I remember the first time I saw the trailer for this film, my sides were splitting at the idiocy of the idea of a killer care tyre. I knew I had to see this film eventually. Until recently I had all but forgotten the film even existed which is bad for me. I leapt at the opportunity to catch Rubber (2010) a few weeks ago. I didn’t know anything beyond that I had to see this horror comedy, that all that really mattered. The concept behind the film is quite interesting observation of some classic film’s trying to pull them apart, the tiny pieces that are glanced over by the average viewer. However if you have a questioning mind and time to kill you can ask film-fans, or anyone who will listen in a pub about the banality within these films, the small whys, the miniscule details that really could kill a conversation if you take it too seriously. My Sister is guilty of this at times, questioning a the parent in Ponyo (2008) who drives the children through what is essentially a tidal, saying that she should be reported to social services for bad parenting. I have to remind her it’s just a film and to just go with it. I’m guilty of it too, looking at Big (1988) coming to the conclusion that the young boy Josh when he’s grown is mentally still a child, losing his virginity is practically raped, but that’s just overkill. I know that but the more you think about films, the more you question the thinking, the creative decisions behind them, which we don’t generally question. Yet it’s not just about that, it’s the little aspects in film that are glanced over such as washing hands, the boring stuff which is edited out, or written out. Of course it’s all played for comedy.
As Lieutenant Chad (Stephen Spinella) lays down for us, it’s about all of this, the no reasons, the unexplained that form the foundation of this film that critiques film. We have a live audience for the first act who are each given a pair if binoculars, acting more like spectators to this film, or the events in the middle of nowhere. As a tyre literally comes to life, find its feet. Not the standard premise for a film you would sell to a studio, or trying a get funding. This is the macguffin for all the events that follow.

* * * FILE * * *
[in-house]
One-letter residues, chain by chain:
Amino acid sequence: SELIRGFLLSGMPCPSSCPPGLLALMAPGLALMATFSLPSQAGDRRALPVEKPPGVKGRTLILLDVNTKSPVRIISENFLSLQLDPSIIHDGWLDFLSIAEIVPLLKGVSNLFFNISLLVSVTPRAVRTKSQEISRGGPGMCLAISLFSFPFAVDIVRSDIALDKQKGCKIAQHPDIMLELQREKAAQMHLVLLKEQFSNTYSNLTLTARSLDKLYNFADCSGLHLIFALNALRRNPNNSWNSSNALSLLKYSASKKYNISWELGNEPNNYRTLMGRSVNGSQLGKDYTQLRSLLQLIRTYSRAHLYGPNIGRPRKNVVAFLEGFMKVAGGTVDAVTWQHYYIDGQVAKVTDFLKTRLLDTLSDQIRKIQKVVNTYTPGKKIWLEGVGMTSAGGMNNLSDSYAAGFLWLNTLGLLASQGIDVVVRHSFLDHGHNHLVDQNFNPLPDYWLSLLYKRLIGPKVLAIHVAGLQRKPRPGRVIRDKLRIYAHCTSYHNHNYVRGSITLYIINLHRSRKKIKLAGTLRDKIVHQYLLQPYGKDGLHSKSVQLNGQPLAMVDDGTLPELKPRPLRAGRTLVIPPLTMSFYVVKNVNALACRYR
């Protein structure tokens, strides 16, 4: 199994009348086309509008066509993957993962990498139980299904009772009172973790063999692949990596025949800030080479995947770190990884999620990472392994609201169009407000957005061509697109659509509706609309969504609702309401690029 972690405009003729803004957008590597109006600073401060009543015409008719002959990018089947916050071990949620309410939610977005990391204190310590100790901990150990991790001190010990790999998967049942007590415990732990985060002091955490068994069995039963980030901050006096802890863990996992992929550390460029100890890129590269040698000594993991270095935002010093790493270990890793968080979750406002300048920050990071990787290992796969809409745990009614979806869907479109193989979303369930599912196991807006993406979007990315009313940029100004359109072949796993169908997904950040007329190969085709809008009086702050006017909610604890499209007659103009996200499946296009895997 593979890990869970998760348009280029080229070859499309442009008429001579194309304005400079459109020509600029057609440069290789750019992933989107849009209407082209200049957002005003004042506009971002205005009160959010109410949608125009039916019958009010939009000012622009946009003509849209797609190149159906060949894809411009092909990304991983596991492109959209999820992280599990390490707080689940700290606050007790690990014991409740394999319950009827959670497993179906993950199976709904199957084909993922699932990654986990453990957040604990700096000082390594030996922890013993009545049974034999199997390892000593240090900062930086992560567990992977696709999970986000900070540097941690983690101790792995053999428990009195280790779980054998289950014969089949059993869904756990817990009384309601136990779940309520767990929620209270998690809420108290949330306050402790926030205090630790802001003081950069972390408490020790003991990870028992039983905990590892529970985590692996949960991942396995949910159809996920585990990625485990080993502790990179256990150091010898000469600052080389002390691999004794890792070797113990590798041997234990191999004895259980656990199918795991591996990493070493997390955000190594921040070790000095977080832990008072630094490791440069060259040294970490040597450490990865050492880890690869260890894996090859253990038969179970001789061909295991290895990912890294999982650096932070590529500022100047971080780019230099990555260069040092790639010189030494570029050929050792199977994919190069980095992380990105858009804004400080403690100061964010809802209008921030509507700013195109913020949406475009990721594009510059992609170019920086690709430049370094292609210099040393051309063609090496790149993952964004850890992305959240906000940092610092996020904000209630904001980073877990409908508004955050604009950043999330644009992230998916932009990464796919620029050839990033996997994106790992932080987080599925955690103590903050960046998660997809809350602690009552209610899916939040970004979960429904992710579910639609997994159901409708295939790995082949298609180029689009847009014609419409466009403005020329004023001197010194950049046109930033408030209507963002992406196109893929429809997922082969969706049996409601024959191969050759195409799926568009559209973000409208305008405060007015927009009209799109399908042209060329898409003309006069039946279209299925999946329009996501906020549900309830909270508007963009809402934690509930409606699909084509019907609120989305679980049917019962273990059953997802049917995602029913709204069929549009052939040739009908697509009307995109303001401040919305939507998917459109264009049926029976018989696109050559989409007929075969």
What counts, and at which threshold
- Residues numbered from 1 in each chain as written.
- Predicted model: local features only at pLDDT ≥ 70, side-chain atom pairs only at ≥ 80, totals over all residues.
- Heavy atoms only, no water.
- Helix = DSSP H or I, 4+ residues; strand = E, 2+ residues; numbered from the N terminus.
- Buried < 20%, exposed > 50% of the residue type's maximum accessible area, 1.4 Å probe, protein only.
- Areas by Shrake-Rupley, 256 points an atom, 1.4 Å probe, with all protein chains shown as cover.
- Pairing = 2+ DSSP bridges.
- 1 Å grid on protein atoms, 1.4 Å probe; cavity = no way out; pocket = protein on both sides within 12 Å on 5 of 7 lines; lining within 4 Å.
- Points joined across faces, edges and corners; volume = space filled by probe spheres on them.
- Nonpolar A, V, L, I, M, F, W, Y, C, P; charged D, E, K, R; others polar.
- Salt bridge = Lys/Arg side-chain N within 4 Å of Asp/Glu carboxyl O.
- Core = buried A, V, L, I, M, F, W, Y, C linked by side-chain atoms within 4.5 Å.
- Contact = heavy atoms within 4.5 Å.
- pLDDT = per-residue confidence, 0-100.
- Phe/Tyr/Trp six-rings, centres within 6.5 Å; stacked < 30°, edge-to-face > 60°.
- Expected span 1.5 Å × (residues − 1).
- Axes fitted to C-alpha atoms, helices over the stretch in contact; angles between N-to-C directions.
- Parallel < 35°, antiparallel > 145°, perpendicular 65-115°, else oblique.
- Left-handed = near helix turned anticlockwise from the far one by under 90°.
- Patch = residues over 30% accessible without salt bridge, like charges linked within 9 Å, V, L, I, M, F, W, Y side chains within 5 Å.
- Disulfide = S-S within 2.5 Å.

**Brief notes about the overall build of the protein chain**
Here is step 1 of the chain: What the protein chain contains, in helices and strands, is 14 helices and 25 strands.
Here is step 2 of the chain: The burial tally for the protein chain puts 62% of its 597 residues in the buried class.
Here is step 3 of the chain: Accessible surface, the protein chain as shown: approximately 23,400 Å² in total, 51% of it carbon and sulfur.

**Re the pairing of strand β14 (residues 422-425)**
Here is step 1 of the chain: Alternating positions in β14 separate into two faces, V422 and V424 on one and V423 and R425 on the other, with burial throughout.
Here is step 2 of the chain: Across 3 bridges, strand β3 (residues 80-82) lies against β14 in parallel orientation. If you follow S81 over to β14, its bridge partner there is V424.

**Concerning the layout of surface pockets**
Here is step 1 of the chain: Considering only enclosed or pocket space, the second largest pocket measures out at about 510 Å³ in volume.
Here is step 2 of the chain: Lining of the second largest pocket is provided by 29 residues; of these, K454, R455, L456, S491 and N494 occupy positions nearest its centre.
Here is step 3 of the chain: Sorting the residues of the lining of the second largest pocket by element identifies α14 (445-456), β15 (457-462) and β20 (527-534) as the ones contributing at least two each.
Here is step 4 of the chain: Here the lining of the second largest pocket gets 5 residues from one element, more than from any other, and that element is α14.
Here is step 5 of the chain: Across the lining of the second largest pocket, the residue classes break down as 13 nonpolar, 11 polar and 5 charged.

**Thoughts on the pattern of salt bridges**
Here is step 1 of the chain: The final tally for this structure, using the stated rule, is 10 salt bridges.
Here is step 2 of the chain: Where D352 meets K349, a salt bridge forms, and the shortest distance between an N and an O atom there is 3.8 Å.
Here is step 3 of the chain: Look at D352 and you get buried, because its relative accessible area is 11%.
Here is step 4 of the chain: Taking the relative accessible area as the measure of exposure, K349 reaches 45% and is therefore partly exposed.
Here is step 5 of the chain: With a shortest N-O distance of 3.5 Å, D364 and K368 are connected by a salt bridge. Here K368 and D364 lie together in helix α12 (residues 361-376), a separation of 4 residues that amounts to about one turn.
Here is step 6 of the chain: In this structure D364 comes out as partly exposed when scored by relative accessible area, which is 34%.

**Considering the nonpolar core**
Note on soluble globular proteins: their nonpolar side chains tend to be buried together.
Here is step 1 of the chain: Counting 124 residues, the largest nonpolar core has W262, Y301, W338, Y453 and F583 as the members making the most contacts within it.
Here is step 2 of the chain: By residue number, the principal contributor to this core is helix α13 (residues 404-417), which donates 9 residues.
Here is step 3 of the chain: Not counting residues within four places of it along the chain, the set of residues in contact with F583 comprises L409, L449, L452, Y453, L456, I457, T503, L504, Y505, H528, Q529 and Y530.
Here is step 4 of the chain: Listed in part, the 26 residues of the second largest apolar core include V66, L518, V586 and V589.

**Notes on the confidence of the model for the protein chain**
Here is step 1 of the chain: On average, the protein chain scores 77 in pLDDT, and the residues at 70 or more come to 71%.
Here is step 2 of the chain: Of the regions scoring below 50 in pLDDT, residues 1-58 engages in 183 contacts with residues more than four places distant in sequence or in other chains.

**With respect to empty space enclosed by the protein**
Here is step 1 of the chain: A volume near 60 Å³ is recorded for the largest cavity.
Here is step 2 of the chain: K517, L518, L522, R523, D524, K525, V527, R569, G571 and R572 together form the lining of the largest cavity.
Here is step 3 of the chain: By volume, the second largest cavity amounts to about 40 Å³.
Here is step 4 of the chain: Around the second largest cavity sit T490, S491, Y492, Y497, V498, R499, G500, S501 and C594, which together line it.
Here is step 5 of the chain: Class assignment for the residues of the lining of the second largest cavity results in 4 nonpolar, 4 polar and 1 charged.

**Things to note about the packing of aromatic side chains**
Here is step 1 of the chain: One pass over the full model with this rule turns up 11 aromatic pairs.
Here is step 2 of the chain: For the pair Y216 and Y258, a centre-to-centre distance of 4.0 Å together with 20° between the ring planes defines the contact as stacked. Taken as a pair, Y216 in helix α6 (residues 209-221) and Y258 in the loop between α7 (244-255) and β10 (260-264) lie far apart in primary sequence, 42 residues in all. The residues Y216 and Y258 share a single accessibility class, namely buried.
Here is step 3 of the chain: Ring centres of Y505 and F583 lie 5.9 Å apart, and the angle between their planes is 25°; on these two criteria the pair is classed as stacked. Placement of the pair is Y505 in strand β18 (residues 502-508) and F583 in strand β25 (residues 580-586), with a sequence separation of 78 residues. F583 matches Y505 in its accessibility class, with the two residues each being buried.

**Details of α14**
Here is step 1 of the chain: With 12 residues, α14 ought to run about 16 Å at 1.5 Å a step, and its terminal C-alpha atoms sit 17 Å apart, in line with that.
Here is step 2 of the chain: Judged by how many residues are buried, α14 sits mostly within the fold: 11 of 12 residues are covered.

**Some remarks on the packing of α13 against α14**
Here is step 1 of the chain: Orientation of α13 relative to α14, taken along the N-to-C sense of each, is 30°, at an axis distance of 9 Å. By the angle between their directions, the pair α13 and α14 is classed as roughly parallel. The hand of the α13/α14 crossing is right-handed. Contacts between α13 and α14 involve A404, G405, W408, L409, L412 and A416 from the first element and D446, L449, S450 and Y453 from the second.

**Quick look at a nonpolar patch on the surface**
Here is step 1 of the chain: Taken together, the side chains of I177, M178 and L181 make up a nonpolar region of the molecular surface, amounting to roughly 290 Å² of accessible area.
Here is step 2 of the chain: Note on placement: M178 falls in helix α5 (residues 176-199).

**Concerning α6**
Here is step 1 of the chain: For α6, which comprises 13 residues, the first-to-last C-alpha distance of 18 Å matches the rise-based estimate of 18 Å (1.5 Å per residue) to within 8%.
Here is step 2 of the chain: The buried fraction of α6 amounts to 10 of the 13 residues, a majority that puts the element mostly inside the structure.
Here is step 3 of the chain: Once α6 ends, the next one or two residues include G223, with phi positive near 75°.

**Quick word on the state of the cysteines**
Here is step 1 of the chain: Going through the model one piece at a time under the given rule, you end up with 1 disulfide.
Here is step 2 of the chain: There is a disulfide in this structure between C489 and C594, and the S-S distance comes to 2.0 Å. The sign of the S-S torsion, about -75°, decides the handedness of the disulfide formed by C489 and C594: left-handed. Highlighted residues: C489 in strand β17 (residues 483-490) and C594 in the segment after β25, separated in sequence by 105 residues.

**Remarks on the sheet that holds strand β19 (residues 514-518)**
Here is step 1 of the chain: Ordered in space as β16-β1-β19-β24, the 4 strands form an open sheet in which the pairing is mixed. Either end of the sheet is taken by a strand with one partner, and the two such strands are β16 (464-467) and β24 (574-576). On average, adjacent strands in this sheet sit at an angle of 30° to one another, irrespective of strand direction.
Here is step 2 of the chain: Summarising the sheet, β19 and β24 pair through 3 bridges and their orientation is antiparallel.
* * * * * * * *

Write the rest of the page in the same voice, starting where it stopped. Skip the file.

I was constantly wondering how they achieved that motion of a tyre, was a rolling motor fitted discretely to the interior of the piece, well our main character that causes all the death in the film. It couldn’t be animation; as it was all too real, and probably more costly too. It’s all happening before the camera and the spectators who can somehow work out whats going on from the incredible distance they are kept at. The scene mustn’t be interrupted or broken by the fourth wall which is making this essentially live theatre that edited for mass consumption. As much as this is about the “no reasons” of film the fourth wall’s broken and resealed, placing an audience into the film, the full realisation of what they are seeing is fake.
The makers of the within the film are conscious of what they are doing, unsure if it is working. Early on the audience is all but killed off with a poisoned turkey. Playing on the turkey phrase for poor films which they fear’s being played out, this is anything but that. Leaving only one avid viewer, an older man in a wheelchair watching on. The experienced audience member is able to discern what is going before him. Has he been to one of these performances before? The police who are investigating the killer tyre are at first bemused by how wacky it actually is. Crossing over into another reality where the film loses its façade, becoming something they have to investigate.
Dropping the façade of they realise they have a killer on the loose, not the most convention two-legged, two armed kind with a motive to boot. Instead a tyre using telekinesis causes heads to explode which admittedly look poor. Its that build up to that moment that matter, the comedic climax of how gruesome it looks as a head explodes before us. All pyrotechnics that work in time with a tyre which determination (sounds like I’m a trye salesman) that vibrates with concentration, a force that cannot be stopped.
OK it’s not Hitchcock but it doesn’t want to be a master film, it simply wants to poke fun at film, showing up the “No reasons”. So why not have a killer tyre with no back-story, it makes it so much more interesting. You have the option to either read into it or just go with it. Has an unknown force taken over this car-part that has caused so much death with so much comic timing you are left either speechless or full of laughter. If you want a horror film with twists and turns that conform to the genre then don’t stop by. If you want a horror that doesn’t take itself or the medium of film seriously, up for a laugh then look no further.